Honduras and UK South Atlantic British Overseas Territories, mainly Falkland Islands are to share scientific experiences and develop potential projects that could enhance the Central American country's management of its marine coastal resources. With this purpose the Director of the South Atlantic Environmental Research Institute (SAERI), Dr Paul Brickle, visited Roatán and Tegucigalpa last week.
SAERI is based in the Falkland Islands and is partially funded by its Government. It aims to conduct world class research, teach students, and build capacity within and between the UK South Atlantic Overseas Territories (UK OTs) and other countries looking to further develop their scientific skills.
In Roatan, Dr Brickle met members of the Committee for the Order of the Bay Island’s Marine Space: the Institute of Forestry Conservation (ICF), the Free Touristic Zone of the Bay Islands (ZOLITUR), the Environmental Monitoring Unit of the Mayoralty of Santos Guardiola, Roatan Marine Park, the Bay Islands Conservation Association (BICA), Roatán Institute for Marine Sciences, and the Healthy Reefs Initiative.
Whilst in Tegucigalpa he had discussions with the Honduran Merchant Navy, the Honduran Directorate of Fisheries and Aquiculture (DIGEPESCA), the Honduran Association of Caribbean Fishermen (APESCA), and the Centre of Marine Studies (CEM).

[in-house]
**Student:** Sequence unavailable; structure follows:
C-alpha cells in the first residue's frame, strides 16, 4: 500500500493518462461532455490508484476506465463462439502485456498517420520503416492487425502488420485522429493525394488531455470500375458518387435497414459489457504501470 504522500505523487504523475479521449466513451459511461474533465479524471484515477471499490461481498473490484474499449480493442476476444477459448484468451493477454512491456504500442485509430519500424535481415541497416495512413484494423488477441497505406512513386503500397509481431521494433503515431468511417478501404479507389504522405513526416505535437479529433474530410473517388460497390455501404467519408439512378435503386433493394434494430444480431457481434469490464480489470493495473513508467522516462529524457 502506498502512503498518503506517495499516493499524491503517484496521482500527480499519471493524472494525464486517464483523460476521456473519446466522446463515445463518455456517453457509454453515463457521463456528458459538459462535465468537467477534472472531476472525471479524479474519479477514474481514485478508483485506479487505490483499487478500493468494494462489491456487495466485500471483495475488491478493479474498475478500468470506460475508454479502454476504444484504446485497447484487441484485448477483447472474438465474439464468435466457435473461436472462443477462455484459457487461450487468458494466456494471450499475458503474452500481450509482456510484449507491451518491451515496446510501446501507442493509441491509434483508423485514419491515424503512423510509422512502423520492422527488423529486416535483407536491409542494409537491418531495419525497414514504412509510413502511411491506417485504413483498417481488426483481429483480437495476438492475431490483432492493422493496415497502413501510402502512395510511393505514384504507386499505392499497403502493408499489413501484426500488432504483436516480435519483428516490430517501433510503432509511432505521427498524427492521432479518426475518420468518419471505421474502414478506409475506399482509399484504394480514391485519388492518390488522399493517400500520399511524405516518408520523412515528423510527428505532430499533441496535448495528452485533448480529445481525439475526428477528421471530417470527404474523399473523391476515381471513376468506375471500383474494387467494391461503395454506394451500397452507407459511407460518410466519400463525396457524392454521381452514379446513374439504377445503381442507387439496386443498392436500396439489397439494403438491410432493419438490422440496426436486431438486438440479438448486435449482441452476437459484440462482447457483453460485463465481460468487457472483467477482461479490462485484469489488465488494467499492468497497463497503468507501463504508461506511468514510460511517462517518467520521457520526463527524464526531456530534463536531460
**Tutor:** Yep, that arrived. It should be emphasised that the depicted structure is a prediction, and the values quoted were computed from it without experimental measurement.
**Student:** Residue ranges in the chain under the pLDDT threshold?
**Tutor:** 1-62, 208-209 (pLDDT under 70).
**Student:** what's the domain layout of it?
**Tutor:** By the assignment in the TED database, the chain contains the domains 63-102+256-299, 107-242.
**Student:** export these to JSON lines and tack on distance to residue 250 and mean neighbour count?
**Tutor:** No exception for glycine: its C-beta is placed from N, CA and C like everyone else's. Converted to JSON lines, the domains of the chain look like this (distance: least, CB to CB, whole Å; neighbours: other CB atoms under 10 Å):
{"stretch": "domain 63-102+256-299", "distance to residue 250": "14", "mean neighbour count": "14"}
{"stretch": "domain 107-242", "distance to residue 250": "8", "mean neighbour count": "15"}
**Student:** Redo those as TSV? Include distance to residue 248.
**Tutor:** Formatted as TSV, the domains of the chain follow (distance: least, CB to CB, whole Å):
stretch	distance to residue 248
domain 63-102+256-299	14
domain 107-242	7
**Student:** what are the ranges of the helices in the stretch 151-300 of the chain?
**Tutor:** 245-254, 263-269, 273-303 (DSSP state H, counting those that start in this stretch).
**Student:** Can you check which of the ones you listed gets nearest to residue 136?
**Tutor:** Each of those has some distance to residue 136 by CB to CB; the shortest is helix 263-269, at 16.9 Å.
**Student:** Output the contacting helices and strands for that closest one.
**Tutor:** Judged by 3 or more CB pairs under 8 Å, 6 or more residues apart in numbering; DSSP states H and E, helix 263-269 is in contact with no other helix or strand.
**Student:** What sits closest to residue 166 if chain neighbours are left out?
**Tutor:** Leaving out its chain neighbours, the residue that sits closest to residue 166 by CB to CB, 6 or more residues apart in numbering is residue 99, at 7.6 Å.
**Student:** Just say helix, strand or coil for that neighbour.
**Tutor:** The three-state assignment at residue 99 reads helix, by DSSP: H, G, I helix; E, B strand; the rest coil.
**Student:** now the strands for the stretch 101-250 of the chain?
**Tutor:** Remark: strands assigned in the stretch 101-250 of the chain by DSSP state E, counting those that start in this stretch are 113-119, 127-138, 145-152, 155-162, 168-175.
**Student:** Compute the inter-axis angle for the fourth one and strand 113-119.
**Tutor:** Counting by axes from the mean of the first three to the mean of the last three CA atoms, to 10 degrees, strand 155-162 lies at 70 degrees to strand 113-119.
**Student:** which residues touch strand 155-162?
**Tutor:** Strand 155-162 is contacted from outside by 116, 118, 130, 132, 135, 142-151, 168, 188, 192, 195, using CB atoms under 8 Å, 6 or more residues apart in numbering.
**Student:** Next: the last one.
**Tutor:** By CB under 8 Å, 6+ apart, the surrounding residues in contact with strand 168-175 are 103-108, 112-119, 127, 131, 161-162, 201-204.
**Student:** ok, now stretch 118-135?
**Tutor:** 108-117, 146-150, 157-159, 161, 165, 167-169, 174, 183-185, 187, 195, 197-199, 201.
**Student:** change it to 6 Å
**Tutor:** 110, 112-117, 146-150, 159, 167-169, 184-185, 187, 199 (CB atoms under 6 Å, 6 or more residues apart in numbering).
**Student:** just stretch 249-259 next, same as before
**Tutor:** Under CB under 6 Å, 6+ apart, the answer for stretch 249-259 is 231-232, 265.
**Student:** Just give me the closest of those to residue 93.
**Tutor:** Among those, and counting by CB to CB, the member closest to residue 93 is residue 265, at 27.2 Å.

During his visit, Dr Brickle received an update of Honduras main challenges to preserve and further develop its marine costal resources. The need to improve the data collection of marine species on the Atlantic coast of Honduras that could lead to the analysis of no-take zones and allow the regeneration of seabed banks was highlighted as a key concern. Like Honduras, the Falklands are particularly susceptible to the impacts of climate change, and both countries will explore the possibility of implementing medium and long term strategies to preserve the environment and encourage economic development.
As for next steps, Dr Brickle will consult with SAERI and other partners in the UK, including the Foreign and Commonwealth Office, to decide the best way forward, which in consultation with local stakeholders, could initially cover the main concerns raised during his visit. This might include a follow-up technical mission to collect essential information.
To mark his first visit to the country, Dr Paul Brickle said he was impressed by the richness of Honduras’ biodiversity and the excellent work local organizations are doing to address many of the country’s marine challenges.
I look forward to provide SAERI’s expertise and to further develop a strategy that could bolster scientific knowledge and economic growth, he underlined.
British Ambassador to Honduras Carolyn Davidson said that Dr Brickle’s visit to country set a milestone in the relationship between the Falklands and Honduras, and is an example on how bridges of collaboration can be built across Latin America.
The UK will always support the Falklands right of self determination in an environment of peace and cordiality between its natural neighbors.